Overview

retinitis pigmentosum


Show Summary Details

Quick Reference

A pathological condition where the retina, when viewed through an ophthalmoscope, is seen dotted with jet-black pigment spicules. These represent dying photoreceptor cells. There are at least seven autosomal dominant, one autosomal recessive, and three X-linked recessive forms of the disease. One mutant autosomal gene for RP maps at the site (on 3p) of the gene that encodes rhodopsin (q.v.). Another gene (at 6p) encodes a glycoprotein called peripherin. This is an adhesion molecule localized in the rim of each disc. It joins adjacent discs and maintains their integrity as they lie stacked together in the outer segment of the photoreceptor cells. The most common RP mutation in American patients is P23H, a missense mutation in the rhodopsin gene. The mutated rhodopsin forms high molecular weight aggregates which impair the ubiquitin-proteasome pathway (q.v.) of protein degradation. See contiguous gene syndrome, retina, rhabdomere.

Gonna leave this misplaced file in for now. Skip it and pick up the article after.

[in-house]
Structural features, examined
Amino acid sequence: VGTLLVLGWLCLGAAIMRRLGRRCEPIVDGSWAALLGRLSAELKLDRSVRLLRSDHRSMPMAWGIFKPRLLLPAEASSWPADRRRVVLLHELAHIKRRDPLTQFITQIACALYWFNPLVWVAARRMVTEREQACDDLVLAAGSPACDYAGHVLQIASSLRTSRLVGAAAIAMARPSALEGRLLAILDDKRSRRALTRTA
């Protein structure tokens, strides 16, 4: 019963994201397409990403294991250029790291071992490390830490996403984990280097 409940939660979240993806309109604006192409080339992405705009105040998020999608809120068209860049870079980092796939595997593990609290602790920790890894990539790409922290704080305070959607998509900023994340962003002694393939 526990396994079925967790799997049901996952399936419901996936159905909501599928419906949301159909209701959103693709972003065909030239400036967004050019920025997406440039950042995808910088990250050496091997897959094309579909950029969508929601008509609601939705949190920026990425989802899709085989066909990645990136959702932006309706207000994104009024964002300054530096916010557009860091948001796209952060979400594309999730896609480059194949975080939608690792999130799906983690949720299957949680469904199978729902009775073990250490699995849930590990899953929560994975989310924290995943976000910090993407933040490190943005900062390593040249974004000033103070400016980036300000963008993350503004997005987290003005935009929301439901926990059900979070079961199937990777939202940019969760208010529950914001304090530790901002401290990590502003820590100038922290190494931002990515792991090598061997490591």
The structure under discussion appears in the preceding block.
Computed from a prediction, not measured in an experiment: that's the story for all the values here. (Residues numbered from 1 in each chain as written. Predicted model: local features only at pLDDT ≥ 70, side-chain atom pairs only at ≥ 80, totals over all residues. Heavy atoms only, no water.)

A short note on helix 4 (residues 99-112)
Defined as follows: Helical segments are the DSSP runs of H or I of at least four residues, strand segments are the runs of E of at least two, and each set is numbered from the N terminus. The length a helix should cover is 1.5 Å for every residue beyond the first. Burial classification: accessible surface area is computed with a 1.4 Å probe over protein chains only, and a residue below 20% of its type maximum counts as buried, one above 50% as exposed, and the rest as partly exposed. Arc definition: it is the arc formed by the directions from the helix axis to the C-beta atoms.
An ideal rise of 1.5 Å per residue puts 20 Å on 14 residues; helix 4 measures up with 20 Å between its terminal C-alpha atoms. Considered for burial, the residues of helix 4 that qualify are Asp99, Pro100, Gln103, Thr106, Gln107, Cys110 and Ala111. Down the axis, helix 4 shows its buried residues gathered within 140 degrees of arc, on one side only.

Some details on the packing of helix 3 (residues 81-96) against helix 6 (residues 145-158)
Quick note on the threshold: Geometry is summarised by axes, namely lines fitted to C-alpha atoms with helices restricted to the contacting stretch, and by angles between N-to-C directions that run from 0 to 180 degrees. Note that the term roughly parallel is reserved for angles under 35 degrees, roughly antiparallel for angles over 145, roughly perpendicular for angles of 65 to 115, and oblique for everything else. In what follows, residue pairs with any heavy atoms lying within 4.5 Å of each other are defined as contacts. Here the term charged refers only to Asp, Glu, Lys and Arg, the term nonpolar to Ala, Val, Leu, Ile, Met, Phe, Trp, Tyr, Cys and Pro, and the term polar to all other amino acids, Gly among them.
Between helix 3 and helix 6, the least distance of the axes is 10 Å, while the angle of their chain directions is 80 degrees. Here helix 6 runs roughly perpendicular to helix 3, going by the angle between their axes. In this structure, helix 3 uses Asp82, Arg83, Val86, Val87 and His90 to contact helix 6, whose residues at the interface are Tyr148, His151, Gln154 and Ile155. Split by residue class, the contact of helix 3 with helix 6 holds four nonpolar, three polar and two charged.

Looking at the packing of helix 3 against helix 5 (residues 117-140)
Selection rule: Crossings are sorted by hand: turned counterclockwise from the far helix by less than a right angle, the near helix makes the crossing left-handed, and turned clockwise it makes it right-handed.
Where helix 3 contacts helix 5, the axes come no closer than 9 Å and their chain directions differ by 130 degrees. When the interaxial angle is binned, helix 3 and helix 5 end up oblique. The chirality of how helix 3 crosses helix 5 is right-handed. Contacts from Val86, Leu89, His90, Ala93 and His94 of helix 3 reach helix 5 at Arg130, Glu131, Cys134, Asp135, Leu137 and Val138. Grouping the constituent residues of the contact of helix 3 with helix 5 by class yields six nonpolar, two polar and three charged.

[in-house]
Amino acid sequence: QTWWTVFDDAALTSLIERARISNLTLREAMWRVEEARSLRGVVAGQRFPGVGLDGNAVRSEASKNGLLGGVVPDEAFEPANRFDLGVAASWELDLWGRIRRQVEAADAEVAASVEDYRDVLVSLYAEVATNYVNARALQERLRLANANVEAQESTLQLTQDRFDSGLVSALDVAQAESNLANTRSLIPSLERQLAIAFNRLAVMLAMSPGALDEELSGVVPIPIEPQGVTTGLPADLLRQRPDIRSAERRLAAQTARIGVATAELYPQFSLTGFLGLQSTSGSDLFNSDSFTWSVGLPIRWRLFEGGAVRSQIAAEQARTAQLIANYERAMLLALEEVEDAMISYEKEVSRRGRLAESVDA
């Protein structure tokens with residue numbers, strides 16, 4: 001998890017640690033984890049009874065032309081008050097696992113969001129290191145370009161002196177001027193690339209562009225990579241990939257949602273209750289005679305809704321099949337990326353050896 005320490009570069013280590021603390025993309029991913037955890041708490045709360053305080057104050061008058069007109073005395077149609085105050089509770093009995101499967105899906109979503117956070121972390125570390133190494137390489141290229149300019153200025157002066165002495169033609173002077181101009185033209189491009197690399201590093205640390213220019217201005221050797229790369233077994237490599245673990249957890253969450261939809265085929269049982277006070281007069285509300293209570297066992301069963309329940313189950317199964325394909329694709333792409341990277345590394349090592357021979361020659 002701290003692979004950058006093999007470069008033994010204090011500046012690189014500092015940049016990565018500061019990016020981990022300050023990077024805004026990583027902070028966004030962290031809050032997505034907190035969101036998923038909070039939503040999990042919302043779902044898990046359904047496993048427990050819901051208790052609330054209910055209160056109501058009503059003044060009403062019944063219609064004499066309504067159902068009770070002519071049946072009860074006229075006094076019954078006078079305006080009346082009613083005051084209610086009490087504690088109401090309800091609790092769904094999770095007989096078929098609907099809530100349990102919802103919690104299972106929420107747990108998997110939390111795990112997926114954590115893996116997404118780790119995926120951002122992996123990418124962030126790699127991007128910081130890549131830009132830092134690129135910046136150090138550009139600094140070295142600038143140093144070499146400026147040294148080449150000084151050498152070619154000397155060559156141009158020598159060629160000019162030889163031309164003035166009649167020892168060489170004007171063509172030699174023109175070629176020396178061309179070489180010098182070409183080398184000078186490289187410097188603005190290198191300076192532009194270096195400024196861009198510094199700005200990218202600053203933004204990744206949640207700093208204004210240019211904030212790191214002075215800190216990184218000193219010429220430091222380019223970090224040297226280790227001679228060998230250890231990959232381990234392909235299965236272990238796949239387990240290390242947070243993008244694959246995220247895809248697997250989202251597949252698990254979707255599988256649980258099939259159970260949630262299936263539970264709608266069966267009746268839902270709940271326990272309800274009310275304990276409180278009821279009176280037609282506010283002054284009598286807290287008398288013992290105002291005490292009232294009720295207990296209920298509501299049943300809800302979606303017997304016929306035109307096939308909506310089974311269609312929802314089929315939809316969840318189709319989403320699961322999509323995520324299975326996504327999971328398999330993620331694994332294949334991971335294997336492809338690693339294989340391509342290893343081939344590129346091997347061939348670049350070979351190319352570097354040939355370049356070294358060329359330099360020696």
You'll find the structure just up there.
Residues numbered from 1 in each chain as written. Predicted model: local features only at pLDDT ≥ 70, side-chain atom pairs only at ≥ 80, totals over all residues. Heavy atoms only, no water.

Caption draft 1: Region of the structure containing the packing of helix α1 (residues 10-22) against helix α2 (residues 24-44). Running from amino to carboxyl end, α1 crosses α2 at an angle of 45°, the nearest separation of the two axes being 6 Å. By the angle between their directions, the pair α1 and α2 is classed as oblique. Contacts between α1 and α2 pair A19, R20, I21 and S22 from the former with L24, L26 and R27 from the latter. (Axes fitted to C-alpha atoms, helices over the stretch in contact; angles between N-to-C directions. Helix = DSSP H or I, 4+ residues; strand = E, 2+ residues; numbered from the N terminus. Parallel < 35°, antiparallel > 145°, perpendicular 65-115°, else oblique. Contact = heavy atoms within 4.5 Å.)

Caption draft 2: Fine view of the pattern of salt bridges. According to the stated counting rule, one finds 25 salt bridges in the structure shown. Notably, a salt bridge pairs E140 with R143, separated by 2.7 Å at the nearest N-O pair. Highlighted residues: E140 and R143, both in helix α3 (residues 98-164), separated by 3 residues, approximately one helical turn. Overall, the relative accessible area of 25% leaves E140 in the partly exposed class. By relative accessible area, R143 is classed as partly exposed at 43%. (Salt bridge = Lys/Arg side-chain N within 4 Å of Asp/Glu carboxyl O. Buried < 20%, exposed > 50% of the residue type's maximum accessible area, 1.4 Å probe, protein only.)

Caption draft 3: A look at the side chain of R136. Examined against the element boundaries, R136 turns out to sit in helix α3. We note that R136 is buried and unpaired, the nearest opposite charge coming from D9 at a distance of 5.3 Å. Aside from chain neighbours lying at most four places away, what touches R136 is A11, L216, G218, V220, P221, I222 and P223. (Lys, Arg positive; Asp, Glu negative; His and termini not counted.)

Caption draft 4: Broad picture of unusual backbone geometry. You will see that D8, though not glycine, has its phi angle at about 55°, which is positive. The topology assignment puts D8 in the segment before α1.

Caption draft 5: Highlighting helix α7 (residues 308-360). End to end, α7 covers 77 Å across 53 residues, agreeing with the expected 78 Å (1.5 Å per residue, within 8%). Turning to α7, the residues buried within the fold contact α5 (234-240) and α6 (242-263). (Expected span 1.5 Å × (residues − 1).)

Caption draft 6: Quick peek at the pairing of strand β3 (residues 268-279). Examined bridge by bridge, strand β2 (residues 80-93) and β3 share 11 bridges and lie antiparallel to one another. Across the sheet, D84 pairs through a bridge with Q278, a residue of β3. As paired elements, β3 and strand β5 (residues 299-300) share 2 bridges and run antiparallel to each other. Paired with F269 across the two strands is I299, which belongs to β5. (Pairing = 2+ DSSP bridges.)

Subjects: Genetics and Genomics.


Reference entries

Users without a subscription are not able to see the full content. Please, subscribe or login to access all content.